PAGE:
Lesson from Hurricane Sandy, #4: Picky eaters are less picky when they’re really, truly hungry

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I made a joke on Facebook the night before the storm hit, joking that (to paraphrase the Talking Heads), I had some groceries, some peanut butter, to last a couple of days. My family has been in this neighborhood a long time, and we knew that this block had never flooded (not even during Hurricane Donna), but we thought it was likely that we would get some water in the basement. So our plan was to ride out Sandy as we had ridden out every other hurricane–to stay close to home so we could man the sump pumps and the generator. Like most of our neighbors, we battened down the hatches and hunkered down, with candles and flashlights at the ready. I had groceries up on the high shelves in the basement, and the second fridge was well stocked with a few gallons of milk, some beer, and frozen food.

Of course…

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Lessons from Hurricane Sandy #3: Ten reasons why I love e-books

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https://www.etsy.com/listing/70711589/kindle-will-assimilate-your-books-mens?ref=shop_home_active_10 From STICKY COMICS: http://www.stickycomics.com/wp-content/uploads/kindle_book.jpg. I am totally ordering this t-shirt.

My husband loves to buy books. He really, really, really loves them. He can read circles around me and almost anyone I know. And he was immensely attached to all the books he’d collected (when he moved to NY from CA in 1997, he arrived with one bag of clothes, and about 18 boxes of books). I had naggedforced inspired him to weed his books periodically over the years, and he hadn’t bought many paper books since we’d invested in the e-reader when the Kindle was first launched, but in the summer of 2012 there were still a shit-ton in the house. When he wanted to upgrade his reader to the Paperwhite (we have a checks-and-balances policy on expenditures over $100), I told him I would only approve the expenditure if he agreed to weed out most of the books. My final, winning argument…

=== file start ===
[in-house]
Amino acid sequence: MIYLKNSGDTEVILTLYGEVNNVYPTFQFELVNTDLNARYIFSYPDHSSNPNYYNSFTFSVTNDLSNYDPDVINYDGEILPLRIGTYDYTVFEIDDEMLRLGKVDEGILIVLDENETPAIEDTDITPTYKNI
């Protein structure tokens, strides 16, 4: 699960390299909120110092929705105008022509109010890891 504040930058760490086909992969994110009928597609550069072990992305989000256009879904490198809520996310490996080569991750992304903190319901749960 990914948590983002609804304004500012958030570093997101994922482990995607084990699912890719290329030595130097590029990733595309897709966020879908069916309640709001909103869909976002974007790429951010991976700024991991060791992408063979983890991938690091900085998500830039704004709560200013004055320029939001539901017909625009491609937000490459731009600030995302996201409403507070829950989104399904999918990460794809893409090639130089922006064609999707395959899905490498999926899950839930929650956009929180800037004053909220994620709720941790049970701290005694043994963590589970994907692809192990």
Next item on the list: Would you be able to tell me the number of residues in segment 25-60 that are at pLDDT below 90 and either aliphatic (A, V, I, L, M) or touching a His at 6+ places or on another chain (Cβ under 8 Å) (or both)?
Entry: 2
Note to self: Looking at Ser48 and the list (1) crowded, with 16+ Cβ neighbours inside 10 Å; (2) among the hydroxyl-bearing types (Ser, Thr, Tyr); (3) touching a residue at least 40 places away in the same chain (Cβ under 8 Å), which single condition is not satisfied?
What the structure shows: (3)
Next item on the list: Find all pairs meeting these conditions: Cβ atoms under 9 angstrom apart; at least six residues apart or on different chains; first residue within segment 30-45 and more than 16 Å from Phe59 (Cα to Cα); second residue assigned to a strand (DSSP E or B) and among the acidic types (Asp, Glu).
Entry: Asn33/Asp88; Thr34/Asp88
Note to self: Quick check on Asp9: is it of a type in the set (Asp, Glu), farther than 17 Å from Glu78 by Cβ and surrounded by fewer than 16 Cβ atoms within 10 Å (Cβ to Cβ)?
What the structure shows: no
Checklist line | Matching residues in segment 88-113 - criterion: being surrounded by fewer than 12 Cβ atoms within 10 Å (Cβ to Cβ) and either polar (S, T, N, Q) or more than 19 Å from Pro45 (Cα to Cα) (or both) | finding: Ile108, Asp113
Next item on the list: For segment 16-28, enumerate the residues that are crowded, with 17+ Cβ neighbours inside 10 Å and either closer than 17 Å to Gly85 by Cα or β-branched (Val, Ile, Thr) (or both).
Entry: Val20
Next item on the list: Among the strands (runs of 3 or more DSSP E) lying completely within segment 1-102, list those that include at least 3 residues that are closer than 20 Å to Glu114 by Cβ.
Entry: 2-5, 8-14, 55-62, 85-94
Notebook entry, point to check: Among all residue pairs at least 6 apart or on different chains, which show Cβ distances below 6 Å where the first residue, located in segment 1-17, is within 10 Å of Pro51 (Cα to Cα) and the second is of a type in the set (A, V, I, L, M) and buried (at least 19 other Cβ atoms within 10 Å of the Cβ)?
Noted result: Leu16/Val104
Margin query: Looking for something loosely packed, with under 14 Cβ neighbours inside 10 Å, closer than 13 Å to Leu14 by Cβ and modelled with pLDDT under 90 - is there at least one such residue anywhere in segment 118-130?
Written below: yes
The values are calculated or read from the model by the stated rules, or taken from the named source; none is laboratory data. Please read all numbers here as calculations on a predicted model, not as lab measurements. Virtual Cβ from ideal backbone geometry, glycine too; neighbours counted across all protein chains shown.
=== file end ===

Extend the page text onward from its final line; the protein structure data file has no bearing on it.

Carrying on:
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Lesson from Hurricane Sandy #2: Everyone should own a radio.

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I should have known better: We’d lost power on our block for a week after Hurricane Irene the year before. But the neighbors were kind enough to let us piggy back on their generator, so we could charge our phones there, and it was of fun “roughing it” for that warm week in August. I mean, we just ate out a lot, since all the stores were open. The kids hung out outside, or played cards in the evening.

But after Sandy, we woke up to not just a physical disaster, but a complete communications void. No power, sure. But also no cell phone service. You couldn’t even get a text through. The last Facebook post I’d seen before I lost my cell coverage was from a friend who lived a couple of miles east, in Belle Harbor. It read:

Rockaway is burning. Please help.

And there we were, without a radio. The one…

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Lessons from Hurricane Sandy (#1): It’s all just stuff, and we have too much of it.

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Here in Rockaway Beach, NY, there are two sorts of people (well two sorts of homeowners, at least): Those who lost their homes on October 29, 2012, and those who just lost the basement. I am grateful to be in the latter camp. The Atlantic rolled up our street and quickly filled it up, meeting with Jamaica Bay at the end of the block. By the time we hit high tide, the water had crested the top step of my front stoop outside, and filled the basement to the ceiling; but just as tide clocks predicted, the water then leveled off and started to recede, having gone just two inches into the joists of our first floor. We lost our cars, all of our utilities, tools, appliances, and everything we had stored in the basement, but our main living space was dry. We know we were very lucky. Many of our friends, family…

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